Mend it like Beckham? You betcha.

Monday, September 17, 2012

The boot

Last Tuesday, i saw a simple tribute to 9/11 that i thought quite moving and wanted to take a few pictures of it. So, upon returning home from my errand, i got the digital camera took the short 10-minute walk to the fire station to snap a few pics and was on my home when i fell off the curb.

Yes, just another cackhanded moment, and my foot hurt a bit as i got up and walked the rest of the way home. I also had cut my hand a little when i fell on the pavement.

I cleaned myself up, got a bag of ice for my foot, and elevated the limb while the ice bag rested on my foot. Then i felt a queer stiffening along the outside of my foot and called my doctor's office. A visit there, a ride to the X-ray machine, and a visit with an orthopedist confirms that i have fractured my foot.

So, i'm wearing a walking cast, elevating my foot for most of the day, and keep the boot on unless i'm bathing or sleeping. Although for the first two days, i kept it on whilst sleeping, too.

My sailing season is over for the year. Ditto kayaking. No running, skating, hockey, hiking for awhile. Not sure how long, since it depends upon how bad the fracture is and how quickly the patient heals. I'm to have a two-week follow up, which is actually 16 days after The Event.

Driving is a challenge since my car is a standard transmission, and the boot doesn't allow my foot to bend the way it needs to in order to depress the clutch fully. So, i limit my driving to "only when absolutely necessary" moments and wear a slip-on clog for the drives.

The cats are purring, I haven't forgotten everything i learned from when i had the broken leg, and i believe if i'm a patient patient, the healing will come sooner rather than later.

photo from
I did do an Internet search to see how long these 5th metatarsal fractures can take. Anywhere between 3 and 12 weeks from what i've seen. Meantime, i'm glad i've a pair of jeans that i can wear without ripping the leg seam, and i've still got a few pair of cargo pants with the legs that zip off for shorts. It's just starting to get nippy here now where full leg coverings are appreciated in the morning and evening.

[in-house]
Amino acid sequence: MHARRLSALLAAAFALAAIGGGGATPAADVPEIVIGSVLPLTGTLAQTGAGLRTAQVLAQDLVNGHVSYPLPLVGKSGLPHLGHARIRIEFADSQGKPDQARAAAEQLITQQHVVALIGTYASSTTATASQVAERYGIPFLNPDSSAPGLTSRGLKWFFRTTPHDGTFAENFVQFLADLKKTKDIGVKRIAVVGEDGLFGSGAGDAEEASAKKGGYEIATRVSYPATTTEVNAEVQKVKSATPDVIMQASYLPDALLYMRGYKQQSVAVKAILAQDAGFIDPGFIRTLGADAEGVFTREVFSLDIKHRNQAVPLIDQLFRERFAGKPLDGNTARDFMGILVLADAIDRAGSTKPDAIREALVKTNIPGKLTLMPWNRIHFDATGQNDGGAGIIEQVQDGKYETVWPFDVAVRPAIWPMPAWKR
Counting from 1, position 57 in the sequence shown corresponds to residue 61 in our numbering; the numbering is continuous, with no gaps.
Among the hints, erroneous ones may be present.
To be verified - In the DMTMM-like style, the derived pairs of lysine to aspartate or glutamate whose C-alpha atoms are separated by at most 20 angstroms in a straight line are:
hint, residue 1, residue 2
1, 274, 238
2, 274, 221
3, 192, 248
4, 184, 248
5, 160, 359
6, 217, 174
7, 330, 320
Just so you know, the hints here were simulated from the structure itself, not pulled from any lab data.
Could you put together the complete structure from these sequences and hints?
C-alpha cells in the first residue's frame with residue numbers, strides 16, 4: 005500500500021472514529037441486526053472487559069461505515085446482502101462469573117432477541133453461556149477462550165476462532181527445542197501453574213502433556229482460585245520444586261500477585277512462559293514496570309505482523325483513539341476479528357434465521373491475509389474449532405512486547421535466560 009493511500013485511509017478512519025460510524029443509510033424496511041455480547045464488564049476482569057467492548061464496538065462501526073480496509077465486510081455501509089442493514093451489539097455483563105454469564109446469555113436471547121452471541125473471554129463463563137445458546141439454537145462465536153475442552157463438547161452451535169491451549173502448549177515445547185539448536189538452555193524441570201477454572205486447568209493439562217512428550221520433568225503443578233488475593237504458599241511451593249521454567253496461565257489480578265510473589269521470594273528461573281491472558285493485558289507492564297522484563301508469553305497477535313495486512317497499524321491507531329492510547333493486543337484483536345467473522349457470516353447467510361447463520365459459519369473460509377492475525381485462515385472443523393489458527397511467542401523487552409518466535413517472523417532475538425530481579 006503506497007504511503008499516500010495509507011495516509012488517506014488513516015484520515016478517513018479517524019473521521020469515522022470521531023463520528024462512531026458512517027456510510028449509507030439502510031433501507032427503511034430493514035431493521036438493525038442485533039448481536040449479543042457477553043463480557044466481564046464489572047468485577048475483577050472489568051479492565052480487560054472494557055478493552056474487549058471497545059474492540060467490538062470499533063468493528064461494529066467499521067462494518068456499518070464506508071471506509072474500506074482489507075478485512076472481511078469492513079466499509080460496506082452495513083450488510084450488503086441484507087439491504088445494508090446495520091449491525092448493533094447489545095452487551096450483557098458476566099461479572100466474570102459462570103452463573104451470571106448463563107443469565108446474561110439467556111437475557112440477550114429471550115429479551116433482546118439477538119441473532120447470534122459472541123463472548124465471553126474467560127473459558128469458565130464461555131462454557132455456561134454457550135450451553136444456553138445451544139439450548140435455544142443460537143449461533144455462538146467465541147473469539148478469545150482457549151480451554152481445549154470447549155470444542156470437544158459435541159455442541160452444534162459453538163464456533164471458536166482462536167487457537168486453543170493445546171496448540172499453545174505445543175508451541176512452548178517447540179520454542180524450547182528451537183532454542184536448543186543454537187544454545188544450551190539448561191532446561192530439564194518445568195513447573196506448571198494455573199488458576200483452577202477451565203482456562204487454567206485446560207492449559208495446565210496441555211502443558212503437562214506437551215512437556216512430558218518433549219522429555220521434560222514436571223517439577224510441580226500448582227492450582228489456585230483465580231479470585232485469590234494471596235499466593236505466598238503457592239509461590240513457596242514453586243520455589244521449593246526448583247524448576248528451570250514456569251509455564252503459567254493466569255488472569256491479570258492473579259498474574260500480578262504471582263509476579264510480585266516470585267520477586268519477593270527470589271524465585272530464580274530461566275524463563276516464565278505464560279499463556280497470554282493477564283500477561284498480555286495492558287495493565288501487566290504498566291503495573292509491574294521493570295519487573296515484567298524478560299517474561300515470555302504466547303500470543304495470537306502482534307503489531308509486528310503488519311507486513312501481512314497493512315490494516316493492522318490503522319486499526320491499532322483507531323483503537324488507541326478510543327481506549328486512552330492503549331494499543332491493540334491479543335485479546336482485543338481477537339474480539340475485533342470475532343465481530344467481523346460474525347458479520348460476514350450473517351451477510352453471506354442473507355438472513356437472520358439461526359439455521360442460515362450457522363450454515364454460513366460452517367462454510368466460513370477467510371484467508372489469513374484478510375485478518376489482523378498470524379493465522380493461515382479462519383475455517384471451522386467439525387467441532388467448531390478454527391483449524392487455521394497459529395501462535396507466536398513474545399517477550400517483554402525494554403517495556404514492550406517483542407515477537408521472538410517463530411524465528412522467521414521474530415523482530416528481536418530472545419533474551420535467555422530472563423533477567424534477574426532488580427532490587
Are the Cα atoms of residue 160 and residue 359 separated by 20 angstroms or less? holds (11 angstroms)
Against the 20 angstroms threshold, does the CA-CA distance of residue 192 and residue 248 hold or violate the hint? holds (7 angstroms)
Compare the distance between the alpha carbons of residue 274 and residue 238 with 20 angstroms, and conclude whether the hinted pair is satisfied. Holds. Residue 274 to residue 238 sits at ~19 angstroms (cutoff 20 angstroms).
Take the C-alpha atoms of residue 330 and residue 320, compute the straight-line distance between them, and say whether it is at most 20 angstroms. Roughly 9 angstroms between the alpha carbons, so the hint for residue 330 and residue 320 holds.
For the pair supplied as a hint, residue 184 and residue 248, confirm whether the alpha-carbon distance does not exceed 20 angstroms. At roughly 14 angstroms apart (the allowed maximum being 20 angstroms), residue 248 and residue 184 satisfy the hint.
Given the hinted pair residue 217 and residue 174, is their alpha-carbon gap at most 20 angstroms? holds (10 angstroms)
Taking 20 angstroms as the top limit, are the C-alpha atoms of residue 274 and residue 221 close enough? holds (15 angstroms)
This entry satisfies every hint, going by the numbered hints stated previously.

Monday, September 10, 2012

When the weather is fickle...

which it was this weekend, i decided against sailing. I wanted to go, and in retrospect could have done so without getting rained upon, but the partly cloudy and chance of showers forecast was just cloudy enough and just threatening enough that sailing seemed a daft idea. Saturday night, we had loads of wind with gusts approaching probably 60 mph (~96 km/hr) and before those big gusts at night, the wind kicked up enough that there was surf. Since i'm very much in the pleasure boating phase of my sailing life, that didn't appeal to me. And, i need to get a new batten for the mainsail, as one of them has gone missing. It must've been when Himself and i went out, and i was busily trying to furl the mainsail while Himself steered, or as from my point of view on the bow when i was taking down the jib, getting Dangerously Close to Other Objects.

Battens are long, slender bits of plastic that slide into handy little pockets along the part of my mainsail sail not attached to the mast (aka leech). Wikipedia shows a picture, but it has the batten line drawn too far across for my sail. The battens help keep the edge of flapping so it improves aerodynamics. Actually, the writing below the picture explains the roach--those of us who may have been potheads will undoubtedly have a different image floating in our brains...

The mainsail on my boat doesn't have such a defined roach, but the battens are there all the same.

The picture from Wikipedia (

I've a feeling a hole developed in the pocket's end, and while i was trying to furl the mainsail and direct Himself, as he was getting a little antsy about not seeing as much as before we lowered the main, that the batten slipped through the hole and caught enough breeze to go overboard. Himself wouldn't know to look for that, and i wouldn't, either. Hindsight being the wonderful gift it is, i can now add it to "things i also need to consider." That list has grown quite long.

SFB and i went sailing the weekend before this last one, which is when he said how that flapping or luffing shouldn't be, as it looked amateurish, and he was the one to discover the missing batten. So, it bothered his sensibilities, but not enough for us to stop sailing. We were trying to figure out when it occurred and the best i could figure was when Himself and i went.

The sailing season is fast coming to a close here, but i'd like to go until the end of September, and well, i need a batten so i decided i ought to go to the marine store on Sunday to pick up another. The weather was still that partly cloudy/will clear off but it took a long time clearing off.

I decided i'd be more productive at home canning tomatoes and doing some bits of cleaning around the house. If i went to the marine store, well, i'd just dawdle and not get much done. After canning the tomatoes, i dawdled. I also misjudged the yield i'd get from the 20 lbs of tomatoes i picked up.

I had canned some in 2010 and got two small boxes worth. Each box was a peck, so i had a half bushel, and canned quarts and pints. Yes, i wrote down how much, but can be buggered if i can find that piece of paper. This time around, the farmer had